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Conclusion: As storage vendors increasingly include active-active storage in their proposals, IT Executives must move beyond a naïve understanding of what it is, to a deeper understanding of the scenarios under which it can deliver a benefit, the risks it mitigates, and where is fits within the overall redundancy and availability architecture.

Since active-active storage typically comes at a significant additional cost it is important that a cost/risk/benefit analysis be undertaken to avoid paying an unnecessary premium that becomes a burden on the business. This cost/risk/benefit analysis can only be done in the context of the organisation’s specific application portfolio.

Conclusion: Technology increasingly is a commodity that can be sourced externally. In contrast, trustworthy data has become a highly prized asset. Data storage can be outsourced, and even SOA (Service Oriented Architecture) technology can be sourced from the Cloud, but the patterns of data flow in a service-oriented architecture represent the unique digital DNA of an organisation – these patterns and the associated data structures represent the platform for the development of innovative digital services.

Conclusion: Due to recent advances in IT infrastructure, the capital cost of VDI is now comparable to that of a Full Desktop, making it suitable for a wider range of use cases. However, there remain significant project risks due to the large upfront infrastructure costs and the very high technical risks associated with building the VDI infrastructure. IT organisations need to understand these costs and risks and then formally develop mitigation strategies to control these.

Conclusion: Disaster recovery continues to be an issue for many clients. Approaches based on tape have a low cost benefit but often recovery takes too long to meet the business’ requirements. The popular new approach of replicating data to a secondary data centre enables rapid recovery but at a cost which is prohibitive for some applications or smaller organisations.

An emerging third approach is to use Cloud infrastructure (IaaS) as a warm standby. This is attractive both in terms of cost and recovery time and can also be used as a strategic stepping stone for adopting IaaS.

Conclusion: IT organisations wishing to maximise Public Cloud return on investment should adopt a Cloud Governance Maturity Model that ensures consistent delivery, builds trust and leverages new technology. This will enable IT organisations to effectively manage their sourcing portfolio by balancing cost and risks, creating value and realising the desired benefits.

One of the most common and contentious infrastructure discussions that I have with clients today is the Public Cloud. The views of most IT executives have shifted from “if” to “when, what and how”. Like other big IT shifts, whether it be Mainframe to Midrange, the PC or Unix/RISC to virtualised Intel, there is much wailing and gnashing of teeth by the old guard about what will, frankly, become the new normal within the next 5-7 years.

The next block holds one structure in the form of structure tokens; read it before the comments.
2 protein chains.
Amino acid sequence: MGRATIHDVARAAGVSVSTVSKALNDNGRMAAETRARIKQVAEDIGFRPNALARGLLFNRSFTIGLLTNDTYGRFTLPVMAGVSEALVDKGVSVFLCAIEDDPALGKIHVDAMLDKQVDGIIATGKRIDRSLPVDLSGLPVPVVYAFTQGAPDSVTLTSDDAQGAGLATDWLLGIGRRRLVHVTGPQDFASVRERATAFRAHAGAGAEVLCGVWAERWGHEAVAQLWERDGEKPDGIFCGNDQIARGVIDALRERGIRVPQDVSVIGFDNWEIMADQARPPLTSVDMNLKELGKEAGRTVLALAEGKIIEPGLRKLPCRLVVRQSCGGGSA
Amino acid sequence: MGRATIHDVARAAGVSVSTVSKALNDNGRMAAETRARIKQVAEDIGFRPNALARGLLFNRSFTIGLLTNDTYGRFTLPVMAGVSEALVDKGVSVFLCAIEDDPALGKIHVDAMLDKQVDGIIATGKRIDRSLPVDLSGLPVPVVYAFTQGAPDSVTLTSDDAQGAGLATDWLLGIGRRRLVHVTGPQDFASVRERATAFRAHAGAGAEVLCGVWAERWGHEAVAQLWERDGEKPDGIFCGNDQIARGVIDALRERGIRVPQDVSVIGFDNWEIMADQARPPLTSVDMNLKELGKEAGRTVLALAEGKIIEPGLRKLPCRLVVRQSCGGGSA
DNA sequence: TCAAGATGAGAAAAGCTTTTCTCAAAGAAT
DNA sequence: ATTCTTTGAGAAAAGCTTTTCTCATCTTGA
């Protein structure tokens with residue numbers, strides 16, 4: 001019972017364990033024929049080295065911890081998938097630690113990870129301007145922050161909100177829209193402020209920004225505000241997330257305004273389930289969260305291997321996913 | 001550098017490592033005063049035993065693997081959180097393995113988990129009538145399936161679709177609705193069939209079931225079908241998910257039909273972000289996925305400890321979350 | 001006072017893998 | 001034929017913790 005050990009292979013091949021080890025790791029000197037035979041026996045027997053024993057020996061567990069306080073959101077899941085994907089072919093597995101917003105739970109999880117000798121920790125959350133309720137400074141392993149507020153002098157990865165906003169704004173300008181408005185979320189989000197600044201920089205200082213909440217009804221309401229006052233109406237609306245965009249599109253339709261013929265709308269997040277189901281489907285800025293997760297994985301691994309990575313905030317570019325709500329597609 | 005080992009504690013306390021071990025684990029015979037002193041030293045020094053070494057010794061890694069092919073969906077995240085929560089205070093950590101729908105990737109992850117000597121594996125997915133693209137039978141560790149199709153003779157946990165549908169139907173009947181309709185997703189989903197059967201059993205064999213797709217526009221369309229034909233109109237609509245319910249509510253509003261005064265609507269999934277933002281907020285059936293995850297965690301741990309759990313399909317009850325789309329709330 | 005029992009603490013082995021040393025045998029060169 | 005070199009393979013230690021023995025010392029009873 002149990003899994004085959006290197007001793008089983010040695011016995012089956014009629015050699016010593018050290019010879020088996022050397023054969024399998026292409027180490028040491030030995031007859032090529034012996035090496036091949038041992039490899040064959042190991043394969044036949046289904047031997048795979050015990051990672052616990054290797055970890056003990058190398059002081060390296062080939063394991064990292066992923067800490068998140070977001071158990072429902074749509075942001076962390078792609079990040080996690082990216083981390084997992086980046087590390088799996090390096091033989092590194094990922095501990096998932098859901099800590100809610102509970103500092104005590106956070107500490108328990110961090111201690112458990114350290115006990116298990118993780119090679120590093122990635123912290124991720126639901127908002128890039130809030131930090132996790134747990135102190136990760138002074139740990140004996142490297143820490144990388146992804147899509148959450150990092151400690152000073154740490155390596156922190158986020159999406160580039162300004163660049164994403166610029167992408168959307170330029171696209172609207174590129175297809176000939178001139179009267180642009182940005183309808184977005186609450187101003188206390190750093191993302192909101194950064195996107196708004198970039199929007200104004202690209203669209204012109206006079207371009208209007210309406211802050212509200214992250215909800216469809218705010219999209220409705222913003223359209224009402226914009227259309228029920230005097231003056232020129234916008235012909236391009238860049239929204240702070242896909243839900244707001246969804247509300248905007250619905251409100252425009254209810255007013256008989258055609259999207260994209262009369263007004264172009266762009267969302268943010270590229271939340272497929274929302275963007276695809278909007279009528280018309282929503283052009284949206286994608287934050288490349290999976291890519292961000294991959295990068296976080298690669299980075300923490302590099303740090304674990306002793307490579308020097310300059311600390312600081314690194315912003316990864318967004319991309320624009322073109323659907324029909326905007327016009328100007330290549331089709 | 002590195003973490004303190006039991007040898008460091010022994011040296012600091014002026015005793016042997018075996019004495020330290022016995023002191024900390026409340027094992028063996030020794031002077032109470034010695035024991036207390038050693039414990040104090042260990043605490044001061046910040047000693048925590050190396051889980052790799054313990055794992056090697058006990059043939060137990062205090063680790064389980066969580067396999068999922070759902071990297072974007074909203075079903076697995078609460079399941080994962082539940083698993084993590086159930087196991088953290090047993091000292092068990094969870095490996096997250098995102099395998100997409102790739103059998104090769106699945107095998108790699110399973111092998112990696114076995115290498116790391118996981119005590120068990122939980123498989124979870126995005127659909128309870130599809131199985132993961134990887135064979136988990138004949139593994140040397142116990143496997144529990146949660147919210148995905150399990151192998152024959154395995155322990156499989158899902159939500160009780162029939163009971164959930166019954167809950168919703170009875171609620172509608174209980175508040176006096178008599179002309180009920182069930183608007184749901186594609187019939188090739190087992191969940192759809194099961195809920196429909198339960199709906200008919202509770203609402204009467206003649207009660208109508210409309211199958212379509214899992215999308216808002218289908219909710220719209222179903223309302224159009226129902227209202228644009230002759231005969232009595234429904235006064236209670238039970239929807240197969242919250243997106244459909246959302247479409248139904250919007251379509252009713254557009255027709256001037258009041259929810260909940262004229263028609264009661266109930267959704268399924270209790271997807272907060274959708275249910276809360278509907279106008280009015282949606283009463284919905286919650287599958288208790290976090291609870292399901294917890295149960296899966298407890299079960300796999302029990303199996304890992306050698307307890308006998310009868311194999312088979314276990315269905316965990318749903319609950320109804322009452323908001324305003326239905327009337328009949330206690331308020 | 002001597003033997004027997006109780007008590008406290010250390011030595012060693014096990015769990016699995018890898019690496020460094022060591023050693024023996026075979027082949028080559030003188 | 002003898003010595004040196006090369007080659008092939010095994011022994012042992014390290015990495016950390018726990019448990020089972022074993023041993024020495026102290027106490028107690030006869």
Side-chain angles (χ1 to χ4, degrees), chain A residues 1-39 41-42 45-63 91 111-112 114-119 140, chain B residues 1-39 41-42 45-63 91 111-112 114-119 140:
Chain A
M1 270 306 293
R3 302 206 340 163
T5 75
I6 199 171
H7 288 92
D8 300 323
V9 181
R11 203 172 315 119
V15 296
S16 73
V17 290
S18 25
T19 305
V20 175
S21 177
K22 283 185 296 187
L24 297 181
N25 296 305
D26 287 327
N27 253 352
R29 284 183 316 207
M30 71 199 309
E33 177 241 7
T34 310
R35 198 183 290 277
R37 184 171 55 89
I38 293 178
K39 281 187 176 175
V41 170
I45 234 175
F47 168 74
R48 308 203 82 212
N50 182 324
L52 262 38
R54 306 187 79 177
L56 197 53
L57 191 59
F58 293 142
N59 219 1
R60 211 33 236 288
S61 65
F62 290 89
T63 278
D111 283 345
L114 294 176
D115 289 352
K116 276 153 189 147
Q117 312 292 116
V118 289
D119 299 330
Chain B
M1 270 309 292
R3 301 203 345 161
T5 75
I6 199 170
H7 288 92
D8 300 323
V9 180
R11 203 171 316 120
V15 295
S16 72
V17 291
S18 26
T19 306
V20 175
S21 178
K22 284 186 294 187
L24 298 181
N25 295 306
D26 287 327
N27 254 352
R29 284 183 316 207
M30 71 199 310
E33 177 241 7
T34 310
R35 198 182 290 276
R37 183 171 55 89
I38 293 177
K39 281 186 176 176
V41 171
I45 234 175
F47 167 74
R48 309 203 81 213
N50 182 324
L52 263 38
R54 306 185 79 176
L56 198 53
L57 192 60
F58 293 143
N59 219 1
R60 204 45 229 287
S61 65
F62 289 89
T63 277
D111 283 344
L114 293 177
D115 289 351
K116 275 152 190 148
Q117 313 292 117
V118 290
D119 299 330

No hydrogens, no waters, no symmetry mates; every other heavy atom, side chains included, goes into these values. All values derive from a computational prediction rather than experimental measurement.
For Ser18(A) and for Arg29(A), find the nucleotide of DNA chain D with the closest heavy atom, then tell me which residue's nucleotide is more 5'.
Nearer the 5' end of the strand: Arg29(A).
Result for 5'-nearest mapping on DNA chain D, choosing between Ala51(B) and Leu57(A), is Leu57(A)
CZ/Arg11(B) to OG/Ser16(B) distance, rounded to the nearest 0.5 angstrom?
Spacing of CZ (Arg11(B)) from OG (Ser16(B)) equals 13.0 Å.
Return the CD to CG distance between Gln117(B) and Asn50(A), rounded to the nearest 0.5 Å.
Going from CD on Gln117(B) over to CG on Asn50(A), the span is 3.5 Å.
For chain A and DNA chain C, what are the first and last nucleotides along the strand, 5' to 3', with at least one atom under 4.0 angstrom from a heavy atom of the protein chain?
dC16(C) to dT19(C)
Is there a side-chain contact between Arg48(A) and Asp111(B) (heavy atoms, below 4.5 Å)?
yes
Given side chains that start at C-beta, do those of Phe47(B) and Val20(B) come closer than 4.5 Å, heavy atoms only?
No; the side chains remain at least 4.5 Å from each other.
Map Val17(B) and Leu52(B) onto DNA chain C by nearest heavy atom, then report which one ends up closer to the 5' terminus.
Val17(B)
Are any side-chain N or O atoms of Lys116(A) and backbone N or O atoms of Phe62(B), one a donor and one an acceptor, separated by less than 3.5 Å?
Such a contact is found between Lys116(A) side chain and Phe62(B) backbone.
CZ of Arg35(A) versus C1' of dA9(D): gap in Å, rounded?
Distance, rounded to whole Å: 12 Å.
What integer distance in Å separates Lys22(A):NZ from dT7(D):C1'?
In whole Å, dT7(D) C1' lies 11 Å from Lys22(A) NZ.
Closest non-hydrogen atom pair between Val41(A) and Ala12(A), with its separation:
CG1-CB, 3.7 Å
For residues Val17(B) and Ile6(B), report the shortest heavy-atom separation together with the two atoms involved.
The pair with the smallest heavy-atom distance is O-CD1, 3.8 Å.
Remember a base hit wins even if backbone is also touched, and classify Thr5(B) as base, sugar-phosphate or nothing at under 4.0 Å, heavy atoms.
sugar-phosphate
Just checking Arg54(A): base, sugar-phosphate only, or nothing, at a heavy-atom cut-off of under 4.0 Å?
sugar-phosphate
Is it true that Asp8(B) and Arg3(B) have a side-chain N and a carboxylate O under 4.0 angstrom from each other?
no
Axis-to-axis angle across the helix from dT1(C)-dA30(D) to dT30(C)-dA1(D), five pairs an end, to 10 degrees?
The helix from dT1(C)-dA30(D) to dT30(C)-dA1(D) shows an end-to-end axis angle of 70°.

Conclusion: It has become common for IT staff to refer to their on-premises virtualised infrastructure as a Cloud. The unchallenged assumption is that their on-premises environment is as good as a Public Cloud (aka IaaS) and provides the same benefits.

IT Executives and Enterprise Architects need to un-collapse these two concepts and recognise that while a virtualised on-premises environment has many benefits it does not have all the benefits of a Public Cloud – i.e., pay-as-you-go, hyper-scale, massive scale-up and scale-down.

Conclusion: When faced with the need to upgrade the desktop, rather than viewing this as a refresh or modernisation project (which is an IT centric approach to technology issues) undertake a business centric Application Delivery roadmap that focuses on the end-user’s application experience and the business benefits.

An Application Delivery approach will reduce project risks by highlighting the linkages between the project and the business benefits, prioritising the delivery stages of the project to get value early in the project, and ensuring application delivery methods are aligned to the user’s needs, ensuring a high quality user experience.

Related Articles:

"The desktop is dead. Long live application delivery! - Part I" IBRS, 2013-10-29 00:00:00

Conclusion: Mobile devices have fundamentally different patching and upgrade cycles compared to the desktop models of which IT services staff are familiar. The key differences are: more frequent refresh cycles, cloud-based updates that generally are not manageable by the organisation, Internet-based rather than intranet-based delivery of upgrades. Managing mobile patches and upgrades will more about end-user communication, training, and change management than technology.

Conclusion: With IT infrastructure having gone through major changes in the last five years, due to virtualisation and cloud technologies, organisations should challenge their assumptions about storage, and evolve their strategy prior to the next major storage acquisition.

Rather than assume the current networked storage centric strategy is the right approach, and simply needs a minor update, organisations should look at how their IT infrastructure has changed in the five years, then evaluate alternative approaches such as Integrated Systems or networked storage free Unified Systems.

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